The California Department of Public Health monitors domoic acid levels in the water, bottom sediment, shellfish and fish so that the Department of Fish and Wildlife can issue health advisories or fishery closures when domoic acid levels in seafood approach concerning levels for human health. Santa Barbara crabbers and lobstermen have been deeply engaged in discussions with regulators and policymakers about how to better avoid unnecessary fishery losses in the future while protecting public health during domoic acid events. They have also been guiding new science and improved monitoring, pushing for more rational sampling strategies and faster processing of seafood samples for domoic acid testing. They have been working with their supply chain and the Dept. of Public Health to come up with new market solutions to enable the sale of crab meat after the removal of viscera (guts) when the meat is safe to eat. Collectively, CFSB reps have logged many dozens of hours attending meetings to make progress on these issues. Thankfully, the oceanographic conditions of fall 2016 do not predispose us to likely domoic acid fishery closures in the near future as the community works to recover from last year’s losses.
Domoic acid is a neurotoxin produced under certain conditions by the diatom Pseudo-nitzschia that can result in the illness called amnesic shellfish poisoning (ASP). There has only been one confirmed event of ASP in humans, following mussel consumption in 1987 in Prince Edward Island, Canada; however, ASP is not uncommonly blamed for marine mammal illness.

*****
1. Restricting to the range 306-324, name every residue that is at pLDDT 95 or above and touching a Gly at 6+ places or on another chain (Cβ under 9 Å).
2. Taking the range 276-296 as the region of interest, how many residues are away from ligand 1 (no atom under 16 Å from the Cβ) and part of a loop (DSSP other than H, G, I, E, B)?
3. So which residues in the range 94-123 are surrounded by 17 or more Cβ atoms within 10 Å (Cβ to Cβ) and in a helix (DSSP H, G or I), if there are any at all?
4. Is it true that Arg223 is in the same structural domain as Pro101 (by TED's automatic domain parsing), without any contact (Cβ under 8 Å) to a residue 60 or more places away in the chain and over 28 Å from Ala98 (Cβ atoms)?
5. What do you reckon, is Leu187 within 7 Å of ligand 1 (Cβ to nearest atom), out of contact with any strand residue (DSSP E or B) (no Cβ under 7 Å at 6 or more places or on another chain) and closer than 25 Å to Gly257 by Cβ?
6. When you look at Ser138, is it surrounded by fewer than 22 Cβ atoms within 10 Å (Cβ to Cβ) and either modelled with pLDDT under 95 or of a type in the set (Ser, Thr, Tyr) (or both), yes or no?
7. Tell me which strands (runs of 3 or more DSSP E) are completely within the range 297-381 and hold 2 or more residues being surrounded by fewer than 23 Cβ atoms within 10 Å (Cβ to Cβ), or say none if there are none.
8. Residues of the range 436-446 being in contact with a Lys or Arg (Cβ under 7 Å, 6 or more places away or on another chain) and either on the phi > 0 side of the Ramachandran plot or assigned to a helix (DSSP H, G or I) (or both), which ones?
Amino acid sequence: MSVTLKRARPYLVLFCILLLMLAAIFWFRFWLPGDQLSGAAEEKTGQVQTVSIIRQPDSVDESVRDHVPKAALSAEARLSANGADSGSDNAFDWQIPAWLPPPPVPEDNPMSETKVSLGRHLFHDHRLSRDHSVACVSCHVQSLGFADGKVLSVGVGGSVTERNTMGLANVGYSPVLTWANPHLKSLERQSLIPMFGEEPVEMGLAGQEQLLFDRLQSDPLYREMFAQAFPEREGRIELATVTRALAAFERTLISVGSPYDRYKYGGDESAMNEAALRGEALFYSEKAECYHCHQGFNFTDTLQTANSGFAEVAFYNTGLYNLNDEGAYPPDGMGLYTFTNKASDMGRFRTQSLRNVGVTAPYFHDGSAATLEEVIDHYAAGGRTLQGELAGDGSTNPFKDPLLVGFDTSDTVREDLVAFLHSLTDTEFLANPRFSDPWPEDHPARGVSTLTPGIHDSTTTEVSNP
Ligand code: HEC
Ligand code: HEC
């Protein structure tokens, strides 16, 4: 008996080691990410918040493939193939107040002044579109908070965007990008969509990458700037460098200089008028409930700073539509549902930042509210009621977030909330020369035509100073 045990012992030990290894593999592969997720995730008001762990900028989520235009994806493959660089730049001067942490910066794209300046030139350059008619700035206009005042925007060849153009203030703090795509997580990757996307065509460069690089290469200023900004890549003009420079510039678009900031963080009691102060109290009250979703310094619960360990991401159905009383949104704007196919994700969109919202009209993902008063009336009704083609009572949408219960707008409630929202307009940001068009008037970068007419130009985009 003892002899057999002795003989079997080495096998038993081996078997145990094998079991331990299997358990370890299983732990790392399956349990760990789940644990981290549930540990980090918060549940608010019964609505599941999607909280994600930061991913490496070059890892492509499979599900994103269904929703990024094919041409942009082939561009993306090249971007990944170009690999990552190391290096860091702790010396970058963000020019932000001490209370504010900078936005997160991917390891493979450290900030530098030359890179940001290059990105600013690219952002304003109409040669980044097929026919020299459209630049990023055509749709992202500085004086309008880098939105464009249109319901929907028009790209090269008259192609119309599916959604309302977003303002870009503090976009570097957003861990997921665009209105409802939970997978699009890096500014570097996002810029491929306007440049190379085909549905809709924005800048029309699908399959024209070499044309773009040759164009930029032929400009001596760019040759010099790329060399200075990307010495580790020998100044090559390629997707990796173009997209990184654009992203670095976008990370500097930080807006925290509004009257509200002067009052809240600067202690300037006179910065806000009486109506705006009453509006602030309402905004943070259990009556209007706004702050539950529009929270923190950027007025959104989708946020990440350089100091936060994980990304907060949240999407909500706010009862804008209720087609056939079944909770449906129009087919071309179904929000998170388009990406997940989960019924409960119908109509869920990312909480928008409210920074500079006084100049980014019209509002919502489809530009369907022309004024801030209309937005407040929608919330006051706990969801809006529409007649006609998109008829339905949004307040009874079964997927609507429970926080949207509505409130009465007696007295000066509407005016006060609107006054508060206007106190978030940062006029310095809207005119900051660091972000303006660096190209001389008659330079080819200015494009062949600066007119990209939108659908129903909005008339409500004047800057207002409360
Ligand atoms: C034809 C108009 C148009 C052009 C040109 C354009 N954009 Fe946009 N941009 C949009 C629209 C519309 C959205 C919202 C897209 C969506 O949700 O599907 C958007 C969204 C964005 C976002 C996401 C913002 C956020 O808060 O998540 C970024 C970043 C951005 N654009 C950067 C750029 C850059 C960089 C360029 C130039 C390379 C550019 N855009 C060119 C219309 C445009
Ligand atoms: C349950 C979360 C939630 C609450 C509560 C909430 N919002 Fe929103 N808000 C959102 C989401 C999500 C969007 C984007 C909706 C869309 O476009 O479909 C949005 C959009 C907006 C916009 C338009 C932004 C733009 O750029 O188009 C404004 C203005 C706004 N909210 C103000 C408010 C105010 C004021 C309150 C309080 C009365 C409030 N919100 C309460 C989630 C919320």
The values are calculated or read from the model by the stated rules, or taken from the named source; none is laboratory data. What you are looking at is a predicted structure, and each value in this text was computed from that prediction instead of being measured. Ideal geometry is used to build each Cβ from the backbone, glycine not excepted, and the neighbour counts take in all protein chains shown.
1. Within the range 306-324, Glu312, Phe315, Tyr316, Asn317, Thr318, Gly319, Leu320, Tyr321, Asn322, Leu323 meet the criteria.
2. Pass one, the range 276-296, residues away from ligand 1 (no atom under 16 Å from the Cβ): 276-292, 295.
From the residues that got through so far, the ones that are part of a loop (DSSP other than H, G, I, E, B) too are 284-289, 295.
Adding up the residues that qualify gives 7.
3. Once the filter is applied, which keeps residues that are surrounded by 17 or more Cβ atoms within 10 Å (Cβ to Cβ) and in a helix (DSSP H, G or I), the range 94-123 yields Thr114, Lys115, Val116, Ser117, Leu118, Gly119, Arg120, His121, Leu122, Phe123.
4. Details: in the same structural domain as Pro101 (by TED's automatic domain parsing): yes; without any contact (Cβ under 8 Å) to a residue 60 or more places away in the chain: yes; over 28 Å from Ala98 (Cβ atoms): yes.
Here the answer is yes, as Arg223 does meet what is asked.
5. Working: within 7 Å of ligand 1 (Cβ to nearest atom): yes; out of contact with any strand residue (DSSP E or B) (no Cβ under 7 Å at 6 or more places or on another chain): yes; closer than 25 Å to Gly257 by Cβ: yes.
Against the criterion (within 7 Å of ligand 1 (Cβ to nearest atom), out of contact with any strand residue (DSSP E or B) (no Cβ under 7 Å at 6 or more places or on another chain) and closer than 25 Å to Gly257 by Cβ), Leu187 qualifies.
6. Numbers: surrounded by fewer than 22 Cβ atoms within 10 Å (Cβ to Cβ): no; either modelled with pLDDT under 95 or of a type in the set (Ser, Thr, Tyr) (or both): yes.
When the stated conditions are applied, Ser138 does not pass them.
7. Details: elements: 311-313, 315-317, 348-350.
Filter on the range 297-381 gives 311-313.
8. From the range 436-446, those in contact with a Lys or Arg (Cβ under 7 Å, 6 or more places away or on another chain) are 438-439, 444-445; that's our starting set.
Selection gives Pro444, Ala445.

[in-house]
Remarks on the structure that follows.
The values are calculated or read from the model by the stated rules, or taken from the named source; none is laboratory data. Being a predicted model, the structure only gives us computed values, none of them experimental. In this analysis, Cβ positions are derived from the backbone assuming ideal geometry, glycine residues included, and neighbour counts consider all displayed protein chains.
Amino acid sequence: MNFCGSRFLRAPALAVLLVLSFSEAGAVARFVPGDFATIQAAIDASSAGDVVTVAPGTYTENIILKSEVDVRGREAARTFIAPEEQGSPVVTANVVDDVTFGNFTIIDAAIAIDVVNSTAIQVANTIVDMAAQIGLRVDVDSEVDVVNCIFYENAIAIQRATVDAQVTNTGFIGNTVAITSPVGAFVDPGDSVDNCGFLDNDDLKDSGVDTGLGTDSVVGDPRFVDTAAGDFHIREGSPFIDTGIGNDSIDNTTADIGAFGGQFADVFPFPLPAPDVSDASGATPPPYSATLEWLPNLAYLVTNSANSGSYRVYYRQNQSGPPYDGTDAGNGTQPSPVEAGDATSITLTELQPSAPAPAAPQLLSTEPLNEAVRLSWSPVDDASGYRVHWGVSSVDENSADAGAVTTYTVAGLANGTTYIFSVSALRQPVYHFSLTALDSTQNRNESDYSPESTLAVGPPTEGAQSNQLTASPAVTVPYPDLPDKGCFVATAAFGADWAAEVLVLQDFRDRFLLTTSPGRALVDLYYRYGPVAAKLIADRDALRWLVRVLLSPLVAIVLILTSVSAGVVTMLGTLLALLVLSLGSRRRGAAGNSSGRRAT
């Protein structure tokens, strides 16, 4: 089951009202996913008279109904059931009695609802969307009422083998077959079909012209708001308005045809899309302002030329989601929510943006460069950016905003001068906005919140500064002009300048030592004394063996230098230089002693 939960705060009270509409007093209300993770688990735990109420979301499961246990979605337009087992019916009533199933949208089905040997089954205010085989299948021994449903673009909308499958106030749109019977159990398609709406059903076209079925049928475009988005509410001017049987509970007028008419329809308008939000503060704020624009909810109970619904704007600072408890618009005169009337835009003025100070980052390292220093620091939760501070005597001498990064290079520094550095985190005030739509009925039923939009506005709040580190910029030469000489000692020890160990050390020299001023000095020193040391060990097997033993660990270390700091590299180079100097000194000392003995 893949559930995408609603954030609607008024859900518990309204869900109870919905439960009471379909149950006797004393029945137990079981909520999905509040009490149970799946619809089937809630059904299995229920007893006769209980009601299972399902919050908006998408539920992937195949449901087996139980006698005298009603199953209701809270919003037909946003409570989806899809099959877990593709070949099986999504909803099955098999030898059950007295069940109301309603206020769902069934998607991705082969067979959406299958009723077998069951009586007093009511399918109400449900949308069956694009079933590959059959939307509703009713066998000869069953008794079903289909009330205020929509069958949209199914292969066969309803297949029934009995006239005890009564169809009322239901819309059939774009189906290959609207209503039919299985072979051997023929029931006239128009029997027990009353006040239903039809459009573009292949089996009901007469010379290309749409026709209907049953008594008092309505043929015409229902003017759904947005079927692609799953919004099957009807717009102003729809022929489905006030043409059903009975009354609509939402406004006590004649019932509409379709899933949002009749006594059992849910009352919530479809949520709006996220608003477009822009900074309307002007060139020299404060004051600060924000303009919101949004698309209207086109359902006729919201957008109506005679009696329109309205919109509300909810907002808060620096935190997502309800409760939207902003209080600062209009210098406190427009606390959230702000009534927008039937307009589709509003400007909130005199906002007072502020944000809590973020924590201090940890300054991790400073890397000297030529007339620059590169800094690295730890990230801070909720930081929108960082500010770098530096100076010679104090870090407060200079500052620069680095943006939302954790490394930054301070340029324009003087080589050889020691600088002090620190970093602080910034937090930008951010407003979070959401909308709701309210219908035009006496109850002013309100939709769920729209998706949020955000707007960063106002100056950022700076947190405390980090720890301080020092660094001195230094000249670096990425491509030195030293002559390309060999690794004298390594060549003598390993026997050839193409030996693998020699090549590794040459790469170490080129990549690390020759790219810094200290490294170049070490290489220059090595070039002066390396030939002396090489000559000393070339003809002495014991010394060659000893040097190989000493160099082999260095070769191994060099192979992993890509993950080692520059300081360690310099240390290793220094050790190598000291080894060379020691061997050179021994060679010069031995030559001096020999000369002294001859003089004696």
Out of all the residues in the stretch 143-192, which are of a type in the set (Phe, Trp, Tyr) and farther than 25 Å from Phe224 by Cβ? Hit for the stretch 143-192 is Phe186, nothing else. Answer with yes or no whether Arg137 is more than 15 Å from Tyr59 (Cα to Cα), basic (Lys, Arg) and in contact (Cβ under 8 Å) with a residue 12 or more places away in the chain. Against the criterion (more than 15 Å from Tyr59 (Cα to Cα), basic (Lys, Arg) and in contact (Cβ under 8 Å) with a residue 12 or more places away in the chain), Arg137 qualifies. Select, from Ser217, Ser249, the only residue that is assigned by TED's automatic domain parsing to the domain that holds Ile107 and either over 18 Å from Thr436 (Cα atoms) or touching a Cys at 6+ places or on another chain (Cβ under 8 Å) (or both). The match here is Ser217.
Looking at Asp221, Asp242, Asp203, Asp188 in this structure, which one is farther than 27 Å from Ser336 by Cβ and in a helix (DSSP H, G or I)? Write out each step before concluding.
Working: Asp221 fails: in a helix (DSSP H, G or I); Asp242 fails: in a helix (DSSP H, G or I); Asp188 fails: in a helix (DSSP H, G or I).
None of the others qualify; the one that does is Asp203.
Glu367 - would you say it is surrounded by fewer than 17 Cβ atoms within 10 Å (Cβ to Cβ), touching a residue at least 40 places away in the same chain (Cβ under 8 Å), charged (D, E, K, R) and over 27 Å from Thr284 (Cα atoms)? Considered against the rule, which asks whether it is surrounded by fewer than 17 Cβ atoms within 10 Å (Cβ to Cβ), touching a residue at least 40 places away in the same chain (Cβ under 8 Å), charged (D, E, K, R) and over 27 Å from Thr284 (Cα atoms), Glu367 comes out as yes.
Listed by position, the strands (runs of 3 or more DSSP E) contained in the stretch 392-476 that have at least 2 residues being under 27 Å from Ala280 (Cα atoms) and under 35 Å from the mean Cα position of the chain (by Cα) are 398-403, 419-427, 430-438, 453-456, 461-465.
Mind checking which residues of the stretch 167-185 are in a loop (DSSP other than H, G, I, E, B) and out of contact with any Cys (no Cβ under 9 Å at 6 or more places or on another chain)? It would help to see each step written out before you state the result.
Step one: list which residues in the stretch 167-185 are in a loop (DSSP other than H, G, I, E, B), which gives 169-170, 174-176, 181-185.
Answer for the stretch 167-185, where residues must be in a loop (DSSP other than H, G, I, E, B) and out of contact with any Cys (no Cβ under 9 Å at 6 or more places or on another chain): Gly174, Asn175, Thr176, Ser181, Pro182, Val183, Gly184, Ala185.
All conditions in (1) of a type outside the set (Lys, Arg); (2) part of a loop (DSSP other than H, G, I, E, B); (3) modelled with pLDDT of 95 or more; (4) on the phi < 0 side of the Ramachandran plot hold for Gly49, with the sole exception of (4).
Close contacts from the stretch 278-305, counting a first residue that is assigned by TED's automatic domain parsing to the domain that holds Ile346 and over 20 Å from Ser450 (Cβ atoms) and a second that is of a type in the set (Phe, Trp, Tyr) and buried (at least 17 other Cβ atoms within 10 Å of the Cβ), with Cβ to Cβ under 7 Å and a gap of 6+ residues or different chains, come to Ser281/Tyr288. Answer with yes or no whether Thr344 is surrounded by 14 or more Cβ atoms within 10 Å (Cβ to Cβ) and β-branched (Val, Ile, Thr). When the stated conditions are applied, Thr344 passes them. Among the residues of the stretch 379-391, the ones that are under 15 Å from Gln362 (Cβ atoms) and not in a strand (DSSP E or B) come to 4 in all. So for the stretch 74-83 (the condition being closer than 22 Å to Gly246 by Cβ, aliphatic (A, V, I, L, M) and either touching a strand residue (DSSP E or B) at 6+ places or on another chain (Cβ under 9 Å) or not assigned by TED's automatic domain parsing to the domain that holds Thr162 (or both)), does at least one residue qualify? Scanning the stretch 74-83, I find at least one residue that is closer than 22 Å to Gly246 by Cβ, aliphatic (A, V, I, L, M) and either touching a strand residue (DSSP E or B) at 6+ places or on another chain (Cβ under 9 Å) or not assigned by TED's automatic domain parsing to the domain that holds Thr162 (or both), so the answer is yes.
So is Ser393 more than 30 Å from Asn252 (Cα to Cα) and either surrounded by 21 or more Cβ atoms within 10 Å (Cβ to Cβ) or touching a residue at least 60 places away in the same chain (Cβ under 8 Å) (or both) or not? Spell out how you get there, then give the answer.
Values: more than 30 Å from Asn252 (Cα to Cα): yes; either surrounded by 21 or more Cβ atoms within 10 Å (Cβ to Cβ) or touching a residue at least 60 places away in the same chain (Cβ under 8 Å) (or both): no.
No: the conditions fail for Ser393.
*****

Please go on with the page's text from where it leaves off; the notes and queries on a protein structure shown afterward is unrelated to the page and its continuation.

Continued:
At moderate levels of domoic acid, crab consumers are advised to remove the viscera (internal organs or ‘butter’ where domoic acid concentrates) before eating the crabmeat, and discard the water used to boil crab to minimize potential exposure. Elevated domoic acid levels have occurred in the Santa Barbara Channel for decades without any evidence of harm to seafood consumers. Upset stomach and dizziness are main symptoms; amnesia can occur in severe cases.
In 2015, a persistent bloom of Pseudo-nitzchia stretched from Santa Barbara to Washington State, fueled by the "warm blob" and El Nino conditions. The bloom produced the most far reaching and intense domoic acid event in history. Dungeness and rock crab fisheries were hit especially hard and remained closed for many months in some places, leading to devastating economic losses for fishing families. California congressional representatives are now seeking a Federal Disaster Relief package for these families, but are likely to be unsuccessful in this political climate.
Click the following titles to view updates and additional information regarding domoic acid.
CFSB Letters and Reports on Domoic Acid
- Letter from CPDH responding to the inquiry from CFSB (November 18, 2015)
- Letter to Sen. McGuire: CFSB Solutions for Domoic Acid (June 6, 2016)
- Rock Crab CFSB Domoic Acid Regulatory Update (June 17, 2016)
- Lobster Fleet Proposed Management Responses (August 24, 2016)
- Summary of Recent Events (September 10, 2016)
- Minutes of Lobster Fleet meeting (September 16, 2016)
- Report of meeting about Lobster DA testing with DFW (September 21, 2016)
Agency releases about Domoic Acid
- Coastal Dungeness Crab Tri-State Committee 2016 Meeting Summary (June 8 & 9, 2016)
- Harmful Algal Blooms and Domoic Acid: Latest Forecast and a Look Ahead to the Upcoming Season (August 1, 2016)
- FAQ: Harmful Algal Blooms and California Fisheries (August 1, 2016)
- Domoic Acid Background and Potential Options for Future Events (August 5, 2016)
Scientific Research on Domoic Acid